Europe 1 with AFP // Photo credit: XOSE BOUZAS / HANS LUCAS / HANS LUCAS VIA AFP 20:07 p.m., November 10, 2023

During a visit to Fréjus on Friday, government spokesman Olivier Véran said he had received several thousand insulting tweets and about 20 death threats. A wave of hatred that is said to have originated from his remarks about the National Rally having "no place" in the march against anti-Semitism on Sunday in Paris.

Government spokesman Olivier Véran, visiting the National Rally town of Fréjus on Friday, said he had received insults and death threats after saying the far-right party had "no place" in the march against anti-Semitism. "I spoke about the RN two days ago, I announced that I was coming here, and since then I have received 10,000 insulting tweets and more than 20 death threats. This is unacceptable," Véran said.

He was speaking during a debate with high school students on Europe and was responding to a student's question about the difficulties for politicians to take responsibility for decisions that may be displeasing on a daily basis. On Wednesday, the minister said the RN had "no place" in Sunday's march against anti-Semitism. His entourage confirmed that this level of reaction on social media was exceptional.

"He's doing the Calimero, but he spends his time insulting us"

"It's the hospital that doesn't give a damn about charity," said RN MP Julie Lechanteux, while condemning the death threats. "He's doing the Calimero, but he spends his time insulting us, insulting us." After visiting several other municipalities run by the far right, Olivier Véran, accompanied by the Secretary of State for Europe, Laurence Boone, visited the University Hospital in Fréjus, a middle and high school that has benefited from European funds. "Europe finances a lot of structures and projects," said Laurence Boone. "If we don't show this, if we don't go to see it, people don't know why to vote and where their money goes," Véran said.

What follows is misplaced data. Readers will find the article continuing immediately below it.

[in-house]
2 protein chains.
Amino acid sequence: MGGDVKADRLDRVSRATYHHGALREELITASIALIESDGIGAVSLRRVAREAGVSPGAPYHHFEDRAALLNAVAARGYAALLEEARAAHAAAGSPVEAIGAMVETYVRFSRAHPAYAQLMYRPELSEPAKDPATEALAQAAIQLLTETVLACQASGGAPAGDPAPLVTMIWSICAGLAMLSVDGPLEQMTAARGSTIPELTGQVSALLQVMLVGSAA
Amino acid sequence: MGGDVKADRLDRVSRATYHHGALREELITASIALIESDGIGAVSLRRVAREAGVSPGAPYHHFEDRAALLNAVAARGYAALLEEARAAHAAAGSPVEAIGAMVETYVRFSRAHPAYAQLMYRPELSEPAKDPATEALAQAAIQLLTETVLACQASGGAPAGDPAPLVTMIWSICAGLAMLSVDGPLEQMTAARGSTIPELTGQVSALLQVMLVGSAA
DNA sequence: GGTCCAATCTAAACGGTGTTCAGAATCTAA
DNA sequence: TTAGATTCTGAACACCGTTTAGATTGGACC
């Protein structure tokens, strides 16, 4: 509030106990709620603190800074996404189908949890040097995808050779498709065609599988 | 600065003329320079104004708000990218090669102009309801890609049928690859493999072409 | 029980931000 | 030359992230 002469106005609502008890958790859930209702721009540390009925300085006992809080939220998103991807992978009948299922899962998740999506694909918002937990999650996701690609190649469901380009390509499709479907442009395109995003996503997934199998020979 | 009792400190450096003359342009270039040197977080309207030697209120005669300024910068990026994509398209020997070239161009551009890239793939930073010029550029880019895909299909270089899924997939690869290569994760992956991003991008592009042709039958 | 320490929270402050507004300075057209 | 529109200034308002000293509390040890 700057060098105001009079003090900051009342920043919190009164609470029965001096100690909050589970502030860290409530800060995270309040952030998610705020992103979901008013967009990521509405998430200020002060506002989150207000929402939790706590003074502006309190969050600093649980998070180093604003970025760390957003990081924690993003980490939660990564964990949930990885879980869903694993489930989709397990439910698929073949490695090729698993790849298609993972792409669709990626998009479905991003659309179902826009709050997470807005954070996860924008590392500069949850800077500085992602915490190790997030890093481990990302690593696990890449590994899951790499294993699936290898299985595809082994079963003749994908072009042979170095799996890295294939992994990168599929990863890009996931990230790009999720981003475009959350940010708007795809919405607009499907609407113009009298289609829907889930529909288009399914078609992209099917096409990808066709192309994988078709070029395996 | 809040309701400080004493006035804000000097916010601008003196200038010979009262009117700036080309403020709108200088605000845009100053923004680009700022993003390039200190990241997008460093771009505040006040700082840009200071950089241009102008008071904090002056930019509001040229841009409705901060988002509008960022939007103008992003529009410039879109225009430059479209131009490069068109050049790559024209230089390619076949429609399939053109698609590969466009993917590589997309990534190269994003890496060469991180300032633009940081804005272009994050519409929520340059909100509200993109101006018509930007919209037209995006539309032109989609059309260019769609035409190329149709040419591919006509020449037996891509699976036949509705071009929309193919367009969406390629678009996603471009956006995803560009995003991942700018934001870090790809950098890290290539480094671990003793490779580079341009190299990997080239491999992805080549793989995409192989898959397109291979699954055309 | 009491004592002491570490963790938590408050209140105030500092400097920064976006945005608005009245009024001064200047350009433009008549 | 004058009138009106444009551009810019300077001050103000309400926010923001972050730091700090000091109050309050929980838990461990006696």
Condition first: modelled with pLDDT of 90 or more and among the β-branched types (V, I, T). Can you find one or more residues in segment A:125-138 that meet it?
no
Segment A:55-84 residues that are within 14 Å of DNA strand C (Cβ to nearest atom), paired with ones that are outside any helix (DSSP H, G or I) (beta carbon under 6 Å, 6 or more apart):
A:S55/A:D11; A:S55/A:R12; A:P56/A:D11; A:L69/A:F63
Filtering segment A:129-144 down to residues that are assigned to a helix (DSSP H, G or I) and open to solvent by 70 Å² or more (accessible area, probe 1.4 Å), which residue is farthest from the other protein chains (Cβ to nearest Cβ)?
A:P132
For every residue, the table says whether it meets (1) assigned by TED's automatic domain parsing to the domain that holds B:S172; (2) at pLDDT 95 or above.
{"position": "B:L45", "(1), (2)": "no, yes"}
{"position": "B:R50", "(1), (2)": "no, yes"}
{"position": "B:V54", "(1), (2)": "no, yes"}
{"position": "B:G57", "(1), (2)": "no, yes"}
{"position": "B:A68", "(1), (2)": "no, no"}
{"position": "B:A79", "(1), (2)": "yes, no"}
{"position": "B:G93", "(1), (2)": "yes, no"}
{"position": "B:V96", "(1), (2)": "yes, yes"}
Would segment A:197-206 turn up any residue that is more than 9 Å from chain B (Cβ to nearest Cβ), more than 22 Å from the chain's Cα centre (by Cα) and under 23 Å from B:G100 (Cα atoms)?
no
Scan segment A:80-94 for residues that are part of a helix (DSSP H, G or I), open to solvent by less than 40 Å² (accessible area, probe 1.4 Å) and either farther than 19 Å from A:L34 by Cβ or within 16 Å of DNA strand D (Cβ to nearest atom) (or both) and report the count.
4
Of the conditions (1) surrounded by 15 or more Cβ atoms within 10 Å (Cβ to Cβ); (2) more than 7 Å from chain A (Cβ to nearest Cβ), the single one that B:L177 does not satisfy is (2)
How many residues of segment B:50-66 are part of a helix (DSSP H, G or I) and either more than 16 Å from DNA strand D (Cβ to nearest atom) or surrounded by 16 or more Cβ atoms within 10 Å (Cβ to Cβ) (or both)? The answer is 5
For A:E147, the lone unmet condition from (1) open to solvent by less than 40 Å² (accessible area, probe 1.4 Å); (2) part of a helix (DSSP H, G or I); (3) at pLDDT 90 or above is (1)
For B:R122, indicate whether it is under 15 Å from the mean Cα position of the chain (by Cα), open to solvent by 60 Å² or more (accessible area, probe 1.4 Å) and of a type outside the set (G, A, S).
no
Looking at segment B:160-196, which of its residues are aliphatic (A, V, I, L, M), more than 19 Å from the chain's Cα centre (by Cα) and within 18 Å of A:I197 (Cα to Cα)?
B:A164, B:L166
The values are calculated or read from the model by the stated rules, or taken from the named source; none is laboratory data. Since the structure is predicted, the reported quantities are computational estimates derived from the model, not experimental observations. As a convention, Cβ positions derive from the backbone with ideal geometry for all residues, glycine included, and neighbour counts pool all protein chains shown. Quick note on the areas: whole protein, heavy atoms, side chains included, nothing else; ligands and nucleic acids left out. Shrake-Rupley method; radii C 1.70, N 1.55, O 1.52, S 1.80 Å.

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The mayor of Fréjus, David Rachline, vice-president of the RN, did not come to greet him. On Facebook, he denounced a campaign trip "at taxpayers' expense, just a few months before the European elections". The visit took place a few days after the publication of a book by journalist Camille Vigogne Le Coat, "Les Rapaces" (published by Les Arènes) denouncing Mr. Rachline's high train and his links with a powerful local entrepreneur who was very involved in public procurement.

"It's a job that seems serious to me, that was essential, and I imagine that it will lead to answers, whatever form it takes," Véran said. Asked by AFP whether a judicial investigation had been opened, the Grasse prosecutor's office declined to comment. In a statement issued by the city on Friday evening, David Rachline "formally disputed all the actions attributed to him". The city also announced its intention to file a lawsuit against the journalist and her publisher for public defamation.